Netflix’ “Joy” Reckons With Women’s Stories and the Cycle Of Sex Trafficking

Director/Writer: Sudabeh Mortezai
Starring: Anwulika Alphonsus, Mariam Sansui, Angela Ekeleme
Studio: Films Boutique
Runtime: 99 minutes
Rating: NR

Human trafficking and forced sex labor are a major issue today. In recent years, thousands of poor women from countries like Nigeria come to Europe in search of a better life. Many arrive to work in the sex trade already indebted to traffickers for the cost of their travel and other expenses. It takes years to earn their freedom. Even then, escape isn’t a guarantee and a high number end up back in the trade, although this time, it’s in the position of the exploiter.


This cycle is key to Sudabeh Mortezai’s “Joy,” a film more interested in realistic depictions of Austria’s sex industry than dramatic plot twists. Shot almost like a documentary, “Joy” observes the life and choices of its complex title character without judgement, leaving the viewer to grapple with hard questions and not many answers. It’s not an easy film to watch, but its compassionate realism is essential to bringing awareness to human trafficking.

Human connections take priority over plot

While most movies (that aren’t documentaries) show the sex trafficking world as a network of kidnappers who target strangers and force them into slavery, “Joy” centers on the close-knit community and complex relationships that keep the system functioning. Soon after the film begins, we meet Joy, a woman who has been working the streets for years and is almost finished paying off her debt to her madame. She is told to help guide a new girl, Precious, who is terrified of the job. There’s a very difficult scene where Precious begs the madame for any other work, but as punishment, she’s taken to another room and raped.

The camera doesn’t follow the violence, but remains on Joy as she listens to Precious’ screams. Her reaction may be hard for some to interpret, but that’s the point.

While she clearly feels some compassion for the girl, Joy has a young daughter of her own and Precious threatens Joy’s ability to provide and earn her freedom. The relationship between the two women – one experienced with trauma and one just beginning her trauma – is complex and hard to reconcile with.

“Joy”  also explores the relationships people have with their community and culture. The significance of the black magic – a juju ceremony – that binds women to their debts before they leave Nigeria comes up frequently throughout the film. Women like Joy are tied to their communities and families through fear of black magic, not just a sense of duty or love. They truly believe that if they are unable to hold up their end of the deal, they face supernatural repercussions. Knowing this is very important for understanding many of Joy’s decisions in the film, especially when she’s presented with an opportunity to expose her madame.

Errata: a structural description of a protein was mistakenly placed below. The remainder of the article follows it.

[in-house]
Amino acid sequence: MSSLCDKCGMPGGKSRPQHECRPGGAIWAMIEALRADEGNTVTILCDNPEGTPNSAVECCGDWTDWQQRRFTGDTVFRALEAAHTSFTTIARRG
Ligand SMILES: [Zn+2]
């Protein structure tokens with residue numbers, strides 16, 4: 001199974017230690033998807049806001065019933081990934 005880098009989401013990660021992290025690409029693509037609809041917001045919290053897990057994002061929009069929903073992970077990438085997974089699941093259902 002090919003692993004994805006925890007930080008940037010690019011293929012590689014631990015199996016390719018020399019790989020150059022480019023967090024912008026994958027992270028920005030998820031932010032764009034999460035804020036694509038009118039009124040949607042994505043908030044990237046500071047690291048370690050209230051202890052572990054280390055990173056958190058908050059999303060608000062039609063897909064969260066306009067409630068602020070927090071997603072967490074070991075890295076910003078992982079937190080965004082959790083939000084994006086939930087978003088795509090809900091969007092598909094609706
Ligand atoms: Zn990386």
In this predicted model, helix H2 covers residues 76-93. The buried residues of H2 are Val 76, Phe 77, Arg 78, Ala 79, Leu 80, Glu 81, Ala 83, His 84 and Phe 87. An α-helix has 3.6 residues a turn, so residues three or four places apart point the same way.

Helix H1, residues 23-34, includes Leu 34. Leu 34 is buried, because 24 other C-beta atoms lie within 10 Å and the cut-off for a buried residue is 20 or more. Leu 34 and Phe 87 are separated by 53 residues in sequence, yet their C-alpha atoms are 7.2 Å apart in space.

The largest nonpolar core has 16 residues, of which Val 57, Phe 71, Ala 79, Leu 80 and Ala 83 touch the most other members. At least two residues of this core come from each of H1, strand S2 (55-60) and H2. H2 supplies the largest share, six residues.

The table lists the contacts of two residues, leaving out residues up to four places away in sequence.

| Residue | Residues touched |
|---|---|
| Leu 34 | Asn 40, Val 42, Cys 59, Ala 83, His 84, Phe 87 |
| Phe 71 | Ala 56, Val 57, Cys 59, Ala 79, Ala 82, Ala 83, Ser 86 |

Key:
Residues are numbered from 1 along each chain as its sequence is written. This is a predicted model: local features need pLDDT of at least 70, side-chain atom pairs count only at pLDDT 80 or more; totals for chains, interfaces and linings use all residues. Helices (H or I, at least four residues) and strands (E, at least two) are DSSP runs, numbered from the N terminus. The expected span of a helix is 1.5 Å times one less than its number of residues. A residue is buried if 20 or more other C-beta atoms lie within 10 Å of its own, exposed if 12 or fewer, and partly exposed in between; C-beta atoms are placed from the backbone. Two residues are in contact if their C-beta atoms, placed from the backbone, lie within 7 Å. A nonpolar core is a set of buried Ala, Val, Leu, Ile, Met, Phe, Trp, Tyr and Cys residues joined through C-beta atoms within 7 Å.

Caught in a cycle

While relationships are central to the story, what is arguably most striking about “Joy” is the cyclical nature of the industry. The film takes an unrelenting look at how those who have been exploited and abused often eventually become the exploiters and abusers. When researching, director Mortezai was shocked to learn that many madames were once slaves themselves. After earning their freedom, they turned back around to victimize other women, though they may not see it in this light.

Joy’s madame says things like, “I brought you from Africa to this place to have a good life.” She justifies her position by saying that in her time, women believed they were going to be cleaners, but once they arrived, they were enslaved into prostitution. The newer generation, according to the madame, at least knew what they were getting into. These conversations are a sobering insight into why a person who experienced the trauma of forced prositution would inflict that trauma on others.

While the film may attempt to explain the mindset of a madame, it doesn’t excuse it. Late in the film, there’s an excruciating scene where very young women are paraded in front of a room of madames considering who to buy. The girls look shell-shocked, their body language withdrawn and timid. They look so young that even one of the madames expresses concern about one girl’s age. The one man in the room – who we assume brought the girls – insists she’s 18. This scene depicts a slave auction, pure and simple, but what is most disturbing is that the buyers are other women who were most likely once sold themselves.

What should viewers expect from this movie?

“Joy” is not a plot-driven movie, at least when compared to most movies made these days. It’s centered completely on its characters and the choices they have to make regarding their own lives and the lives of others. Many other cast members are not actually professional actors, but former sex workers themselves. That commitment to realism carries over into the editing and camera choices – it looks and feels like a documentary. Many reviews went so far as to say that Joy doesn’t show much emotion, but considering how hardened and guarded she is, it makes sense. “Joy” won the Best Film Award at the 2018 London Film Festival. It’s available on Netflix, and anyone interested in human rights and human trafficking should seek it out. It shines a light on the industry, and most importantly, the people involved in it at every level.

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About the author

Emmaline Soken-Huberty

Emmaline Soken-Huberty is a freelance writer based in Portland, Oregon. She started to become interested in human rights while attending college, eventually getting a concentration in human rights and humanitarianism. LGBTQ+ rights, women’s rights, and climate change are of special concern to her. In her spare time, she can be found reading or enjoying Oregon’s natural beauty with her husband and dog.